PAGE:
Medical Device Daily
Kicking off the initial public offering (IPO) festivites in medical technology for the new year, CardioMEMS (Atlanta), a startup company developing medical devices for use in monitoring heart patients, reported that it is seeking to raise more than $86 million, with all of the shares in the proposed offering are being sold by the company.
The underwriters of the offering will be Banc of America Securities as sole book-running manager, CIBC World Markets as co-lead manager, and Jefferies & Company and Pacific Growth Equities as co-managers.
The company hopes to trade on the NASDAQ under the symbol SENS.
The company’s first commercial device, the EndoSure Wireless AAA pressure measurement system — or EndoSure system — is comprised of an implanted sensor and an external electronics module. The sensor is inserted during the minimally invasive cardiovascular repair of abdominal aortic aneurysms (AAA), via a catheter into a patient’s aneurysm sac to measure and communicate pressure information to an external electronics module from inside the sac.
Since a goal of the endovascular AAA repair procedure is to eliminate or minimize pressure on the walls of the sac, the company believes the EndoSure sensor is a valuable tool in helping a physician to determine during the procedure if the AAA has been adequately repaired.
The EndoSure system was cleared by the FDA in October 2005 for measuring intrasac pressure during endovascular AAA repair and is used alongside traditional angiography.
The FDA clearance, however, does not allow the company to promote the EndoSure system as a replacement for traditional angiography or for measuring pressure after the procedure. The company said it plans on conducting clinical trials to seek FDA clearance for measuring pressure after the procedure.
CardioMEMS said it is adapting the EndoSure system for use in patients with heart failure and in patients with hypertension. The heart failure and hypertension sensors are further miniaturized versions of the EndoSure sensor that use the same materials, manufacturing methods and operational concepts as the EndoSure AAA sensor.
The IPO offering comes after a strong close for 2006 for the company. In November, CardioMEMS closed on $22.6 million in venture capital. Nearly half the total came from Arcapita Ventures. The company, which is based at the Georgia Tech Advanced Technology Development Center (Atlanta), reports that it has raised more than $50 million in venture capital since its 2001 launch.
In December, the company said that two of its wireless sensors for monitoring hearts had been successfully implanted in two human patients.
In November 2005, the company entered into a license and development agreement with Medtronic (Minneapolis) as well as a related supply agreement, to adapt the sensor technology for use as a wired pressure sensor system capable of working with Medtronic’s implantable devices to address impaired cardiac function, hypertension, or both.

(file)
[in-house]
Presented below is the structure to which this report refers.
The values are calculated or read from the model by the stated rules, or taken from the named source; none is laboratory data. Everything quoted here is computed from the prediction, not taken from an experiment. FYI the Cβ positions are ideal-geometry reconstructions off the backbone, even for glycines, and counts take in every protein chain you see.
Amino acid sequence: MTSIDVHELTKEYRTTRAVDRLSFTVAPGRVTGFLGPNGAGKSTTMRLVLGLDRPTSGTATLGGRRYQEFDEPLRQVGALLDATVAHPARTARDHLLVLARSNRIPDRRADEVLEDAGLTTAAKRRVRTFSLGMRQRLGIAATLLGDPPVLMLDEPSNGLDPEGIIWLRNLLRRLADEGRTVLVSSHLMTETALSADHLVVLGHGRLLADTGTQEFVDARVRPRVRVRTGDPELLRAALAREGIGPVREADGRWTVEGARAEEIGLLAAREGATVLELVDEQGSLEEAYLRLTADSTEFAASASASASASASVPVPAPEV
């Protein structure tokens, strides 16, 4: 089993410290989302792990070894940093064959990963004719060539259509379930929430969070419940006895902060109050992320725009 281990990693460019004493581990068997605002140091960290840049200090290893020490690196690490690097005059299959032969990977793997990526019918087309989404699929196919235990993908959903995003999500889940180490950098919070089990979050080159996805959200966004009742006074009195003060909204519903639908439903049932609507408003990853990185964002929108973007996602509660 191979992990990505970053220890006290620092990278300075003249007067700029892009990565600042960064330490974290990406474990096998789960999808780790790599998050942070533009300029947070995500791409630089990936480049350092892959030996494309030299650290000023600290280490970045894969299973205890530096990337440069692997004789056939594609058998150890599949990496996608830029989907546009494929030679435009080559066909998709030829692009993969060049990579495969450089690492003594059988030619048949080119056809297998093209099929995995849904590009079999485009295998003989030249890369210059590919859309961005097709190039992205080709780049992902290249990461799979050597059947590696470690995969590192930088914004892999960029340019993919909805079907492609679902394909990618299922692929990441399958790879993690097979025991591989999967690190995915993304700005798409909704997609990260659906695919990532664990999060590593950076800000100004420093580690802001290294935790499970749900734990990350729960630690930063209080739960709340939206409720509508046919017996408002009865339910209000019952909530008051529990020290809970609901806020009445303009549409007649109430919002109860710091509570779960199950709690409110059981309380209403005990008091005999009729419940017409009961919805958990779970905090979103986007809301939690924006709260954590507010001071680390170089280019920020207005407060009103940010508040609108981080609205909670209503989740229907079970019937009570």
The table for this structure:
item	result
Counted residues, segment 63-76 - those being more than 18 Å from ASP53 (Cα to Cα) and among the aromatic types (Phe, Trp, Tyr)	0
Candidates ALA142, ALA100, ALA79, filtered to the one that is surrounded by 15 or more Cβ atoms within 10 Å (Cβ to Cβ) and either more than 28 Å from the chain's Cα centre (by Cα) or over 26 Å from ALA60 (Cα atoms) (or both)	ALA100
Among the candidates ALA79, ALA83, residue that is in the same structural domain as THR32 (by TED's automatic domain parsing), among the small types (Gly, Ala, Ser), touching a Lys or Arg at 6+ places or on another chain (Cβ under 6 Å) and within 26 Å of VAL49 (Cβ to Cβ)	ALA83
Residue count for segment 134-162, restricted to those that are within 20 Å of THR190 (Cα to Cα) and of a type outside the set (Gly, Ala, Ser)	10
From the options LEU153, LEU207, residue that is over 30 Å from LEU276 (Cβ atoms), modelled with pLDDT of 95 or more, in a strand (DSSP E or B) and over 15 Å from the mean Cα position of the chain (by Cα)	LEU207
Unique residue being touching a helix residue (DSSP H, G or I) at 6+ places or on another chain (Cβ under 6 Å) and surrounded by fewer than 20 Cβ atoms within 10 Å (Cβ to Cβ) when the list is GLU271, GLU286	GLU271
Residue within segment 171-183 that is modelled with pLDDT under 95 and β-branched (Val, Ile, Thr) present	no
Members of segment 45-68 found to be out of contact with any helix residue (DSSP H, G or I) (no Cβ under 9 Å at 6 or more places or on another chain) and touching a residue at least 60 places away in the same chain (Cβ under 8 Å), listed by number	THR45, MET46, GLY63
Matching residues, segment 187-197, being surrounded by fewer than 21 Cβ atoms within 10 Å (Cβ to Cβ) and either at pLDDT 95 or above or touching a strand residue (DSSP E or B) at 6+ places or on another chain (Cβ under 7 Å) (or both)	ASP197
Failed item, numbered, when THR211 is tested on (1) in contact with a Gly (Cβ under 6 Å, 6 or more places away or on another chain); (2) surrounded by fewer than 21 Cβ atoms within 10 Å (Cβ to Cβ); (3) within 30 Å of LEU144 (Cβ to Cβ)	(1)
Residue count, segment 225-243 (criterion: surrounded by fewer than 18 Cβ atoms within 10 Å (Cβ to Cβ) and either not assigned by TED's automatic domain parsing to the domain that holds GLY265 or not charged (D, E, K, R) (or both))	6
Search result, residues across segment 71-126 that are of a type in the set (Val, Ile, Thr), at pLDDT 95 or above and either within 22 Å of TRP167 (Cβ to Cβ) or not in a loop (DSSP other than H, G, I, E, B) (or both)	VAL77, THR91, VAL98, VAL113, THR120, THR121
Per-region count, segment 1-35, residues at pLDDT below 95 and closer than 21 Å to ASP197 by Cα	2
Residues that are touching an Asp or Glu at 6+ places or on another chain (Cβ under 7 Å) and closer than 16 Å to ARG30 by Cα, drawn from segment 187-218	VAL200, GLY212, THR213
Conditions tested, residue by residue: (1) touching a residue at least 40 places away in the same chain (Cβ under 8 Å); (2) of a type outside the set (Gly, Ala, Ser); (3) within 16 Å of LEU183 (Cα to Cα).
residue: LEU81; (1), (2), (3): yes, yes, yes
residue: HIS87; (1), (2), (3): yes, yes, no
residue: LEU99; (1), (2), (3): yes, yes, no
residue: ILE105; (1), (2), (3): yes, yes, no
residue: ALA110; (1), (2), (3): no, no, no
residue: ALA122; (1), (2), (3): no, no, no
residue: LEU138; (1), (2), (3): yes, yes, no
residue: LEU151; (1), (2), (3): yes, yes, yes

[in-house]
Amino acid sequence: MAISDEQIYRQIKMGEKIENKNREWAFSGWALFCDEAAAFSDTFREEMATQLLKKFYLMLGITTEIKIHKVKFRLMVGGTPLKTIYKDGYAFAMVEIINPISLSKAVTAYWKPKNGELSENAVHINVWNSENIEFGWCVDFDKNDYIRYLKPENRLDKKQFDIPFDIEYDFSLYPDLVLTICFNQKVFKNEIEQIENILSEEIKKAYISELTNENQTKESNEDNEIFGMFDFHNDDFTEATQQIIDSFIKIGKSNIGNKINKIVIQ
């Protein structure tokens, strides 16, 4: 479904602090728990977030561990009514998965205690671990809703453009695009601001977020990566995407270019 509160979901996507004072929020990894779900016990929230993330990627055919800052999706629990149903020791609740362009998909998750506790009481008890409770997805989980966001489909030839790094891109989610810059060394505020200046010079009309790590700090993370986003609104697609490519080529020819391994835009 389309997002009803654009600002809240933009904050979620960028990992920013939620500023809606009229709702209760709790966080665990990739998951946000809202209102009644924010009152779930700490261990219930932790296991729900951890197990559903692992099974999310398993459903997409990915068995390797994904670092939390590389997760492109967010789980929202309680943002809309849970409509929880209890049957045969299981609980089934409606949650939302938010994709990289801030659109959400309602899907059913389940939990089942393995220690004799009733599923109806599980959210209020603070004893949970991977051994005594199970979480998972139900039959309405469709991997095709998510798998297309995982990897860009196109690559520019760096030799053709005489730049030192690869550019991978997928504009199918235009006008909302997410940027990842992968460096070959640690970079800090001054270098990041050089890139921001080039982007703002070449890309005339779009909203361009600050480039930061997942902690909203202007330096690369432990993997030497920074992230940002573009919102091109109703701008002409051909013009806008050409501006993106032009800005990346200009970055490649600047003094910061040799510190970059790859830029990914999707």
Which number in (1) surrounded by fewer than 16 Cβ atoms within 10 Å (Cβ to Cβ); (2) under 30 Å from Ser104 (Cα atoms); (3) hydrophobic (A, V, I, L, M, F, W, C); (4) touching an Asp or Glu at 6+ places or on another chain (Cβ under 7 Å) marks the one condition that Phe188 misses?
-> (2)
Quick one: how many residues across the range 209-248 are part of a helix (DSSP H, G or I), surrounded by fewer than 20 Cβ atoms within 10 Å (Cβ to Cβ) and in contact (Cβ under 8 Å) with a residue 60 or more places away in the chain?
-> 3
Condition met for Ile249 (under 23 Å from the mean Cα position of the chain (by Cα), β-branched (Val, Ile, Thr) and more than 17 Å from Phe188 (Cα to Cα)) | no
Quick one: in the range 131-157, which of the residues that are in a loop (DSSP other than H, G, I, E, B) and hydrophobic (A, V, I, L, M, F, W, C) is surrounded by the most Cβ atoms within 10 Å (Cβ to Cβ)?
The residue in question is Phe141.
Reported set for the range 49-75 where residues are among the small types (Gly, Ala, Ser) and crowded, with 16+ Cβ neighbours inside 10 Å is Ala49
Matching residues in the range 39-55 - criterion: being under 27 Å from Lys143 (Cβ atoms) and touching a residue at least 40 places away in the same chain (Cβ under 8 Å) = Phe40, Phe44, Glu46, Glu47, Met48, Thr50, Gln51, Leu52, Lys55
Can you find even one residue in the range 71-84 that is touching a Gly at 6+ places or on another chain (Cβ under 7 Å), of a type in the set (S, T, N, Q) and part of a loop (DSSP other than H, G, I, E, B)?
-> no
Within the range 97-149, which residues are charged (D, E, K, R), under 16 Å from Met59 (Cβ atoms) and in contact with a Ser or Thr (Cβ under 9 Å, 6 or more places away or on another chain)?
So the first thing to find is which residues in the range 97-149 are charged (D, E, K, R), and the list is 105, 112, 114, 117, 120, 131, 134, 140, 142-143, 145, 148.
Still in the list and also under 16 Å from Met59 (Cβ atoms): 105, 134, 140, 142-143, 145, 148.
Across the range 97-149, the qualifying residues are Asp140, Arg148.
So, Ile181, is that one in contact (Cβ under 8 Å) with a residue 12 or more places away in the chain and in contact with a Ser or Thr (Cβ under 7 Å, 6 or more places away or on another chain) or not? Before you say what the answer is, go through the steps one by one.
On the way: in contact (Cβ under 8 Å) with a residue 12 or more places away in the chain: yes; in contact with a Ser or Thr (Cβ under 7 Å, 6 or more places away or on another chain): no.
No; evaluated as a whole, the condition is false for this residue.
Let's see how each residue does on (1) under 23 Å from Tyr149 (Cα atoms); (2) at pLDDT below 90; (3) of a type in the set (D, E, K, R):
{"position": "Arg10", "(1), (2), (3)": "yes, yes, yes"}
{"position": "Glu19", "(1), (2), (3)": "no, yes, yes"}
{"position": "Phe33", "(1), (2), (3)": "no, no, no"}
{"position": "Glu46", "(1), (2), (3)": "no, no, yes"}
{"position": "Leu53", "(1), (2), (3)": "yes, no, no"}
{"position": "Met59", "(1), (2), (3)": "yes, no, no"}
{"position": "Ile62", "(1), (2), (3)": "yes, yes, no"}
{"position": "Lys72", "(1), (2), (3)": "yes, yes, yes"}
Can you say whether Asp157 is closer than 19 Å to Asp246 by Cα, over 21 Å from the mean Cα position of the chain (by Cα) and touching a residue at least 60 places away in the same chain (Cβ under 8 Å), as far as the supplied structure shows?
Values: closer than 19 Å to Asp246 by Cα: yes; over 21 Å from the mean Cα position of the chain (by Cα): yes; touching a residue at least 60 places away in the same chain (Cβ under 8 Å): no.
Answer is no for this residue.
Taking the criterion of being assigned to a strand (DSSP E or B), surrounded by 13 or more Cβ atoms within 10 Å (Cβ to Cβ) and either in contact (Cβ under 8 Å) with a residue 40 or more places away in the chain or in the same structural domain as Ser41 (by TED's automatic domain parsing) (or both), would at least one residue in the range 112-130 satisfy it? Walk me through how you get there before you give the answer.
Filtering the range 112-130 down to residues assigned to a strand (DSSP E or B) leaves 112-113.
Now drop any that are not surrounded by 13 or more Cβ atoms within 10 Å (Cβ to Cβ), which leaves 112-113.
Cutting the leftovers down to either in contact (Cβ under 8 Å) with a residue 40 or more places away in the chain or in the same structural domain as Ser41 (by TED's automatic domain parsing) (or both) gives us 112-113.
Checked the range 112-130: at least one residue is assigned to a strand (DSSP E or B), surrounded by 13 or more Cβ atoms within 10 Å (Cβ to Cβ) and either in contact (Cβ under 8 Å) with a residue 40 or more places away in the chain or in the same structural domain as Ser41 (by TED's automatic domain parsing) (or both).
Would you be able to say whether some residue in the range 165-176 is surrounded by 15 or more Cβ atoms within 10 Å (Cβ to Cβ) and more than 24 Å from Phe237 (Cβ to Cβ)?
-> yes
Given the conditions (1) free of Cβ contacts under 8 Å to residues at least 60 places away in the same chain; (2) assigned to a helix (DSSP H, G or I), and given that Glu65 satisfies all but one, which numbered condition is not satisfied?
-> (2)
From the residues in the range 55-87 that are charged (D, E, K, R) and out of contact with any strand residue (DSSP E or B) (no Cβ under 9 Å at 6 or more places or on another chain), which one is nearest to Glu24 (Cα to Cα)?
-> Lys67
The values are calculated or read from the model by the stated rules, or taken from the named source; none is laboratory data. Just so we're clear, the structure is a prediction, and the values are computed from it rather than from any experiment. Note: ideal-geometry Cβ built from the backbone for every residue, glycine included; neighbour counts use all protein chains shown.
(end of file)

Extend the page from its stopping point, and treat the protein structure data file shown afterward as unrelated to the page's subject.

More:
Medtronic is funding the efforts under this joint development program through a series of milestone payments totaling $3 million. CardioMEMS also is entitled to receive royalties on sales of Medtronic devices incorporating its technology, subject to the terms of the license agreement including a cumulative royalty cap of $25 million. Medtronic is a 15.1% stakeholder in the company.
Endosure noted that it has incurred net losses in each year since its inception in 2000, including losses of $3.3 million in 2003, $5.1 million in 2004, $8.8 million in 2005 and $13.3 million in the nine months ended Sept. 30, 2006.
In other financing news: Allied Minds (Boston), a pre-seed investment firm specializing in early-stage university business ventures, has teamed with Washington University (St. Louis) to form Cephalogics, an optical imaging company.
Cephalogics will develop a new high-density diffuse optical tomography system specifically geared for use in assessing the functional status of the brains of infants during treatment in neonatal intensive care units.
Allied Minds initially is investing $500,000 to develop a prototype and begin preliminary testing. More funding will follow as the technology progresses.
Compared to infants born full term, premature infants are particularly vulnerable to developing brain-related disabilities. Early detection of altered brain development and function is important for the care of preterm infants.
“If clinical testing proves our estimation of effectiveness, the new brain imaging system will aid in therapy and care of neonates in intensive care by indicating which areas of the brain are injured and by monitoring the brain’s response to interventions,” said inventor Joseph Culver, PhD, an assistant professor of radiology at the Washington University’s school of medicine. Culver’s group has been working on the technology at Washington University for three years.
Diffuse optical tomography is a new computational imaging approach that uses multiple light sources and detectors to create an image from light diffusion. The technology is noninvasive, mobile for easy bedside imaging and can continuously monitor brain blood volume and oxygenation.
“It has the potential to fill a ‘functional’ gap in the neurologic imaging repertoire currently available to neonatal clinicians,” Culver said.